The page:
Our labor law attorneys also provide counsel and representation in matters involving the following.
Collective Bargaining Agreements
Collective Bargaining Agreements (CBA) are written legal contracts between employers and unions who represent employees. They negotiate wages, hours, and terms and conditions of employment.
A CBA has three categories of subjects.
The first is Mandatory, which is required by law by the National Labor Relations Board (NLRB). Wages, bonuses, grievance procedures, safety, overtime, seniority, layoffs, and more.
The second is Voluntary or Permissive, which are not necessary but may be negotiated for topics such as internal union issues and those composing the board of directors.
Third is Illegal subjects, essentially anything violating the law, such as discrimination or only hiring union members (closed shops).
Grievances and Arbitration
The grievance procedure is intended to present and then resolve workplace disputes. But, in the case that it does not find resolution, arbitration can be the next step. Arbitration is a process in which parties with differing interests submit their disputes to an impartial and unbiased arbitrator.
This private process is independent of the federal government or judicial system. The resolution and agreement to accept the arbitrator’s decision is both final and binding. Arbitration is equally broad, generally, for private sector employees provided through each union collective bargaining agreement. It requires the employee to gain their union’s permission to pursue.
Disciplinary Hearings Under Section 75 of New York State Civil Service Law
Section 75 governs the basic disciplinary protections of specific classes of public employees in the event that there is no contractual disciplinary provision. Section 75 does not apply to anyone who is designated Unclassified service (elected officials, State Legislature employees, etc.). There are four subgroups or classifications of Classified service: exempt, non-competitive, labor, and competitive.
Section 75 of the NY State Civil Service Law provides protection for employees in the Competitive class who successfully passed a civil service exam and hold a permanent-appointment position, qualified veterans and exempt volunteer firemen in Classified service, noncompetitive and labor class d employees tenured with at least five years of uninterrupted service and not designated as management/confidential employees, NYC homemaker or homemade with three years of service, and police detectives with three years of service.
An employee has the right to an evidentiary hearing on the allegations. A transcript can be kept with a copy upon request of the employee. The employer will pay full costs for the hearing officer. During the hearing the employee will give evidence and testimony and be either found sufficiently guilty or innocent, and what penalty will be imposed.
Appointed authority individuals are not required to adhere to the hearing officer’s recommendation and are empowered by Section 75 for all final decision and determination. The employee has the right to counsel or union representative at the hearing, calling witnesses on their behalf, and cross examination. Note that it is through the accusing employer that the burden of proof must be established.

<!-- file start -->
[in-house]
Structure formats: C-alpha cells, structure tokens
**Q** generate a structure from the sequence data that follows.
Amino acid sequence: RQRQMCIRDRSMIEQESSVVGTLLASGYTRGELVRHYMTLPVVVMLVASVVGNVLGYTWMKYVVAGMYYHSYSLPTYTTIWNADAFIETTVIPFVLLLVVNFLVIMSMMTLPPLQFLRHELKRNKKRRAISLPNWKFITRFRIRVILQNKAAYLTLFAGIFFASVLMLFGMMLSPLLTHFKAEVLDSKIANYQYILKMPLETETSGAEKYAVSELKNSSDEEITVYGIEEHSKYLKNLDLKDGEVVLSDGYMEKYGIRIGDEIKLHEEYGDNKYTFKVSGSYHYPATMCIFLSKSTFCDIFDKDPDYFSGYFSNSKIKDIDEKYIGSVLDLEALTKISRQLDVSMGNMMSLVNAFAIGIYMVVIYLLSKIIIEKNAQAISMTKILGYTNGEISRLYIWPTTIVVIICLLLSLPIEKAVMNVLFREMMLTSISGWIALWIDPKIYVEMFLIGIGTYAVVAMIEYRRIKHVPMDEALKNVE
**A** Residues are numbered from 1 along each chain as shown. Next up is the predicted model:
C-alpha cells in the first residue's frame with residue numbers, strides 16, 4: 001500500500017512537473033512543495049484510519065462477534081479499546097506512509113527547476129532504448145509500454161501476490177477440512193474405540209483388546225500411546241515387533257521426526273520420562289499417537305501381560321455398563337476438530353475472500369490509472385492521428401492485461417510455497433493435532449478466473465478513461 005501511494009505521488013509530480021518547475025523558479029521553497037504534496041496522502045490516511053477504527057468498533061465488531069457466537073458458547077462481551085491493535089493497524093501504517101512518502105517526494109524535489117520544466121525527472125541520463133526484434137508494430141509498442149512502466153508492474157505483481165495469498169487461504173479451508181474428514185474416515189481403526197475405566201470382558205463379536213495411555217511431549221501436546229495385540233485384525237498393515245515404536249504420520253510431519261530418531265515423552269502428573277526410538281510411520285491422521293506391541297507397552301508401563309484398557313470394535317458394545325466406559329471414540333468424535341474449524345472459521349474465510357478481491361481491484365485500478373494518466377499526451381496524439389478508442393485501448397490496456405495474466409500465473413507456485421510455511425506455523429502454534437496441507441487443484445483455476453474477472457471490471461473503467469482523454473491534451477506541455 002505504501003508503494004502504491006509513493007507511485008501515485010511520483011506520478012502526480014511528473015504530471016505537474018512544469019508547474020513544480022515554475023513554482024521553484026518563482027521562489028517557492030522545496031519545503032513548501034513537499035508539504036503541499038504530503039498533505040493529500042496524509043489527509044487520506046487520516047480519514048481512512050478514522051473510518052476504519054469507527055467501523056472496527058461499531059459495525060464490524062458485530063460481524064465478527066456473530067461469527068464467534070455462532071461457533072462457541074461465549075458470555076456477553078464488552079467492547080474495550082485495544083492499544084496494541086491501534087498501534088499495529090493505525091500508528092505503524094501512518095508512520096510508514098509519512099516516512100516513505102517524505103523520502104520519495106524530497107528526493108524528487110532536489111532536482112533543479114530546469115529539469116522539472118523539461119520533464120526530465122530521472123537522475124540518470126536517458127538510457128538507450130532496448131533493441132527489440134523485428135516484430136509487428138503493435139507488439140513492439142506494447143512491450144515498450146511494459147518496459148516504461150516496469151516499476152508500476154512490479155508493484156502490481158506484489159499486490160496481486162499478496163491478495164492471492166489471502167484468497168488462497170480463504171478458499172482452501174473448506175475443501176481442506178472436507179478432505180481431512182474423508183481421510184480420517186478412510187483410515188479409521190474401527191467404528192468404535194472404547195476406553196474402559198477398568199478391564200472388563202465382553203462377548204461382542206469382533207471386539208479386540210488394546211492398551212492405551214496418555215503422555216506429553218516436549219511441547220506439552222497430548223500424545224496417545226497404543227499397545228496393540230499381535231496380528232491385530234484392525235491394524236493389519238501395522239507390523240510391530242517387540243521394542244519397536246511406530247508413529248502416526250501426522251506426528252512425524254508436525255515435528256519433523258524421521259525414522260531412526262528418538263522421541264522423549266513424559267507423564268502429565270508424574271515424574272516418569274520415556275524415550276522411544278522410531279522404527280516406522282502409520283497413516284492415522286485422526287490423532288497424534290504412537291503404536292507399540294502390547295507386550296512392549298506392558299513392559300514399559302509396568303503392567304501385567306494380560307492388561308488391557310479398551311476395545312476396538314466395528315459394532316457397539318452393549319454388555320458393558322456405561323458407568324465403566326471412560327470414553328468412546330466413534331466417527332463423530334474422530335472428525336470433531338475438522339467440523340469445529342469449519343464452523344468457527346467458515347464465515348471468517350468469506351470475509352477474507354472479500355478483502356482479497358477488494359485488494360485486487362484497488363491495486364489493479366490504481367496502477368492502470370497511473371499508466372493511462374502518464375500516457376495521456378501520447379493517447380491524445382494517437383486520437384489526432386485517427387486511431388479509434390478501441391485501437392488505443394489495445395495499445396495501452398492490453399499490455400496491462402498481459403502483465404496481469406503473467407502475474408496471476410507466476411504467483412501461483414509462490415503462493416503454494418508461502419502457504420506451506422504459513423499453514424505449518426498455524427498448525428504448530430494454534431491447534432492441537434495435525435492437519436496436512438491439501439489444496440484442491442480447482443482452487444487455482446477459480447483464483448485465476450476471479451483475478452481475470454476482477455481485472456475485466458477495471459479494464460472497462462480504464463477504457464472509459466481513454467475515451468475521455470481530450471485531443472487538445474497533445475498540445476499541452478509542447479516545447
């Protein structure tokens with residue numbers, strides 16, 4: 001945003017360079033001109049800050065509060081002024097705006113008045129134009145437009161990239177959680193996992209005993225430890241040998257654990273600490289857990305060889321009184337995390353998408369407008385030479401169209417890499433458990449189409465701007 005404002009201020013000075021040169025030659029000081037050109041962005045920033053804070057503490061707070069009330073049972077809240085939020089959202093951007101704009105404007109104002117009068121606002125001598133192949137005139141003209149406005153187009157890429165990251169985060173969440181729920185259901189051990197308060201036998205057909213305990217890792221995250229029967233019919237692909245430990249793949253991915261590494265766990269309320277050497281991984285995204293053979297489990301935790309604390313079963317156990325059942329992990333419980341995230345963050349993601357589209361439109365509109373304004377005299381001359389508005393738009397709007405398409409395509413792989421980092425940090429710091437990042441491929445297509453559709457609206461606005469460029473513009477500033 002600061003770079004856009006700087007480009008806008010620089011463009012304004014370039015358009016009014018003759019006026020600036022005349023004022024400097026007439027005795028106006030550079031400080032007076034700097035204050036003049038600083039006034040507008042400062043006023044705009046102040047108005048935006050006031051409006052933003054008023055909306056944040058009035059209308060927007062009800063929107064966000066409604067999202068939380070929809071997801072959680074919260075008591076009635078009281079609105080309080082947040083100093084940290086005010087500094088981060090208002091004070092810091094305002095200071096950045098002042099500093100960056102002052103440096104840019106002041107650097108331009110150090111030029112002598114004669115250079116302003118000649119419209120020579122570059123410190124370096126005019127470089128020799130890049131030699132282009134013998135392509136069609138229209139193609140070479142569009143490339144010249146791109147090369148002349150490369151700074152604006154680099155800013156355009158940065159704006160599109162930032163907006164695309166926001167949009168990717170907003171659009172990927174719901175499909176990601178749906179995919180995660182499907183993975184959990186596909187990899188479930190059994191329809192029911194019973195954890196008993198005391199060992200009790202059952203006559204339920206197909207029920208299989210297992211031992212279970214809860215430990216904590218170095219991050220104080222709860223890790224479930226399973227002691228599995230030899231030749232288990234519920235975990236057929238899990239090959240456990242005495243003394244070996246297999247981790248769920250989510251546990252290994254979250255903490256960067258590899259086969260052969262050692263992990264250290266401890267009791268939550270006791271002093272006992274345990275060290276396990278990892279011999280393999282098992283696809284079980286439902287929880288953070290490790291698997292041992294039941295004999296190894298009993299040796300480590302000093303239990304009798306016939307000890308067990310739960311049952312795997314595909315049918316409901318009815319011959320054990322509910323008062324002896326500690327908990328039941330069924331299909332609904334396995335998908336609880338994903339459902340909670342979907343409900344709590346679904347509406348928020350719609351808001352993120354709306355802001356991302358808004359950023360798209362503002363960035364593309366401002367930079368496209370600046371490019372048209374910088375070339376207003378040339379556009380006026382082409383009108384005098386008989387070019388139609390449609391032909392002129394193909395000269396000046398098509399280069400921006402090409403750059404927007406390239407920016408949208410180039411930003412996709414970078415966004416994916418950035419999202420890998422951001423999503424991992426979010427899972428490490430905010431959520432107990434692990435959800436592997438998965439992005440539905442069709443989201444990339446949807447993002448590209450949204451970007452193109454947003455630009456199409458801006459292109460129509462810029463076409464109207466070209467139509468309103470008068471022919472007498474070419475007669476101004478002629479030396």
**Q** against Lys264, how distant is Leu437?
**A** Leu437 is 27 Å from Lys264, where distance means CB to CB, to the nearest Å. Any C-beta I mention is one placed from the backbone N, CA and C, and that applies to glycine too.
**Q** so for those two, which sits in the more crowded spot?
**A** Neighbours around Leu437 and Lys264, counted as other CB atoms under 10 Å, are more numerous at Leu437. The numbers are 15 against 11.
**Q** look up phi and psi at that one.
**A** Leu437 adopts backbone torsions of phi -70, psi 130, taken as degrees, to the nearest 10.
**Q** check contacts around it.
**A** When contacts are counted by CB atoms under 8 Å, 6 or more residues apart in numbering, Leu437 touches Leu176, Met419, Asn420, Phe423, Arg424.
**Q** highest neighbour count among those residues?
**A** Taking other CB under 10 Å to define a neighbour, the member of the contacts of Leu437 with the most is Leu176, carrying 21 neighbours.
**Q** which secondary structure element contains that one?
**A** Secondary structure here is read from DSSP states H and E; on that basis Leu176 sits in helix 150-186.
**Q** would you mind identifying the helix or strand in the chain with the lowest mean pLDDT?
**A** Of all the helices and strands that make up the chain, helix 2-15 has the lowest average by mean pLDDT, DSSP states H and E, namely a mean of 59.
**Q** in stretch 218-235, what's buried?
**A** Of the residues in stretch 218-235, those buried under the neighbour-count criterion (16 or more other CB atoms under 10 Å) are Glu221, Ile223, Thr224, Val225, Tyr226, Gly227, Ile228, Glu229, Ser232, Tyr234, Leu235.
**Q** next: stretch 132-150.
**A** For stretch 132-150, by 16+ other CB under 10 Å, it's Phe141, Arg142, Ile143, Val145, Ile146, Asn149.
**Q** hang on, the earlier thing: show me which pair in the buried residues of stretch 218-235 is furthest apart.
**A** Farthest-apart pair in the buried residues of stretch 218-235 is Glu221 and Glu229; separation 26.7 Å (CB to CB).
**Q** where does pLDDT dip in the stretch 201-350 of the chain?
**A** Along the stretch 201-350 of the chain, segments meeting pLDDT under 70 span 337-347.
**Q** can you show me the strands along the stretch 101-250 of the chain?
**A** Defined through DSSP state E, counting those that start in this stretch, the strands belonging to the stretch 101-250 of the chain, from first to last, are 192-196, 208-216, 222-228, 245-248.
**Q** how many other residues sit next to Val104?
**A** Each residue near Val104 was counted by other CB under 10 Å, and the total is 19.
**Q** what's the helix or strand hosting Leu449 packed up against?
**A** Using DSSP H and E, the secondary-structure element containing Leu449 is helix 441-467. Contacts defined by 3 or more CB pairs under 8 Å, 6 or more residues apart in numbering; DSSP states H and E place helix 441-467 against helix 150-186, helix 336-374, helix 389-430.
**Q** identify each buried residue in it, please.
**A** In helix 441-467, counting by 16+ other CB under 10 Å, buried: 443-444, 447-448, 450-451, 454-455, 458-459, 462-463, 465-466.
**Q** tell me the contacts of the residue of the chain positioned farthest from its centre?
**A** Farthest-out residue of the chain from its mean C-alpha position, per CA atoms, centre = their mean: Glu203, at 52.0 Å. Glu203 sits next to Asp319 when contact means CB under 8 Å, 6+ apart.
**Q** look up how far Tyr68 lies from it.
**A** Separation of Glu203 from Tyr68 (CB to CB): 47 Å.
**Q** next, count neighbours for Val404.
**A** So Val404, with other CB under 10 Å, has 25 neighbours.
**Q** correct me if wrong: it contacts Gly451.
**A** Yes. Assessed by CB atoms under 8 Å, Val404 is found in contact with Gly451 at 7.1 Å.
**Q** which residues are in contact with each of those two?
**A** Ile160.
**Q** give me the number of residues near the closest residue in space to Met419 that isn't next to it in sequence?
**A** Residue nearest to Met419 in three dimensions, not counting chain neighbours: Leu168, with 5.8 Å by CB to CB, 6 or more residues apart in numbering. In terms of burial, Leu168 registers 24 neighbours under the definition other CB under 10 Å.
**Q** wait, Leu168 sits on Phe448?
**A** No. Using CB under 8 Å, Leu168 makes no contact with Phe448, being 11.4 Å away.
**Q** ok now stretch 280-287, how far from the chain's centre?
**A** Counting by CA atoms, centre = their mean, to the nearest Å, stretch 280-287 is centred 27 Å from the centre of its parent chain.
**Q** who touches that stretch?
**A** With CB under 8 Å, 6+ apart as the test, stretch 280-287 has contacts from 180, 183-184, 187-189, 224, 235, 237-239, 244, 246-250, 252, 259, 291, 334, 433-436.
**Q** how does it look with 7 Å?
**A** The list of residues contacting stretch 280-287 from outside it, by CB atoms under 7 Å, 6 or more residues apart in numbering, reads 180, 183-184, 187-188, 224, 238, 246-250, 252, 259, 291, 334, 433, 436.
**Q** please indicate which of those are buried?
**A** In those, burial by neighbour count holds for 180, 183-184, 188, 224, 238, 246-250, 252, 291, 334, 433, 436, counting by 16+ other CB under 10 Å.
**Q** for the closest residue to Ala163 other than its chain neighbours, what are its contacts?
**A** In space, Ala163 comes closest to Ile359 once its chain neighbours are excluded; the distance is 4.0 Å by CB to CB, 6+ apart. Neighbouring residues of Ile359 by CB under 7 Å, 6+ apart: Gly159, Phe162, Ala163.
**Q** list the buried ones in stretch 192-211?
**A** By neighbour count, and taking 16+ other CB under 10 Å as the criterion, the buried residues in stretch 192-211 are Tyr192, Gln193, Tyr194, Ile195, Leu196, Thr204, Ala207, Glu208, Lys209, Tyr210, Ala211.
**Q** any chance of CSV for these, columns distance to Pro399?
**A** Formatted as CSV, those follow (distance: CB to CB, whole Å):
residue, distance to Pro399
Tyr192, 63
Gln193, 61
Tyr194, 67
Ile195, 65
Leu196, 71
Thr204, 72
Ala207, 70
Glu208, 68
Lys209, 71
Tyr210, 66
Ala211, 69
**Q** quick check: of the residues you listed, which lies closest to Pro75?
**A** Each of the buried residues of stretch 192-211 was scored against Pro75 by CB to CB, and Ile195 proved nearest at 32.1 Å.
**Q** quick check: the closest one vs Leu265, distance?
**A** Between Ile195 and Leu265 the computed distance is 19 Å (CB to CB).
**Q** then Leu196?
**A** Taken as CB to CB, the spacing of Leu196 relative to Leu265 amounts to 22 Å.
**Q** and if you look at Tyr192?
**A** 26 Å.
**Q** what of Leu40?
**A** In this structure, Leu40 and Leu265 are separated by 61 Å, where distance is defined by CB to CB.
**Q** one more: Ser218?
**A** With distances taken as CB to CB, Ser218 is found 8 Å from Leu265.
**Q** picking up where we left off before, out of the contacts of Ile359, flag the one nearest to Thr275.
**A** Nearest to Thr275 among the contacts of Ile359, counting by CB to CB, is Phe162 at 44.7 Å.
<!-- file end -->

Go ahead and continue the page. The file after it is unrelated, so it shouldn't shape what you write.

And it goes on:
Unlike “proof beyond a reasonable doubt” within the criminal justice system, here the proof necessary to find employee guilty requires “proof by a preponderance of evidence” (generally, this means tending to support the occurrence of the conduct charged, and which would lead a reasonable person to believe the person charged is guilty).
Benefits under New York State General Municipal Law Section 207-C
Section §207-c(1) of the General Municipal Law provides that someone injured in the performance of duty must be paid the full amount of his or her regular salary or wages until the disability ceases. Eligibility for these benefits must be determined, in first instance, by the municipality and must be determined to have “causal connection” between the injury and incident during duty as discussed under section 207-c.
It is also established in 207-c that these benefits must still be provided in the event of a partial disability. In the event that the disability is due to both a line-of-duty injury and a pre-existing, non-work related condition, benefits from section 207-c must still be provided if the work accident caused the substantial portion leading to disability.
When an employer and employee agree to work together a contract is formed regarding the employment situation, this is known as the Employment Contract. This contract contains terms and provisions over the relationship, specifying benefits such as PTO or insurance. It will also outline the terms for termination and how much notice each party must give if they want to terminate the contract. This employment contract is legally binding when the following conditions are met:
1) It is offered and accepted by both parties.
2)There is consideration or exchange of something considered of equal value. Typically, this is an employer offering monetary value in exchange for employee labor and expertise.
3) It is legally enforceable. For example, a contract to work for an employer’s illegal drug trading business would not meet this as no court would enforce the contract.
4) Both parties must be at a certain age or older and mentally sound enough to enter into the contract and be held responsible.
Mediation is when multiple parties discuss their dispute with an impartial and trained third person to assist in reaching a settlement. This meeting can appear informal for the parties or be a scheduled settlement conference. This dispute can be either pending in court or filed in court. Cases suitable for mediation are disputes in commercial transactions, personal injury, construction, workers compensation, labor or community relations, divorce, domestic relations, employment or any other matters which do not involve complex procedural or evidentiary issues. Attendance at the mediation conference is voluntary by the parties, except where governed by statute or contract clause.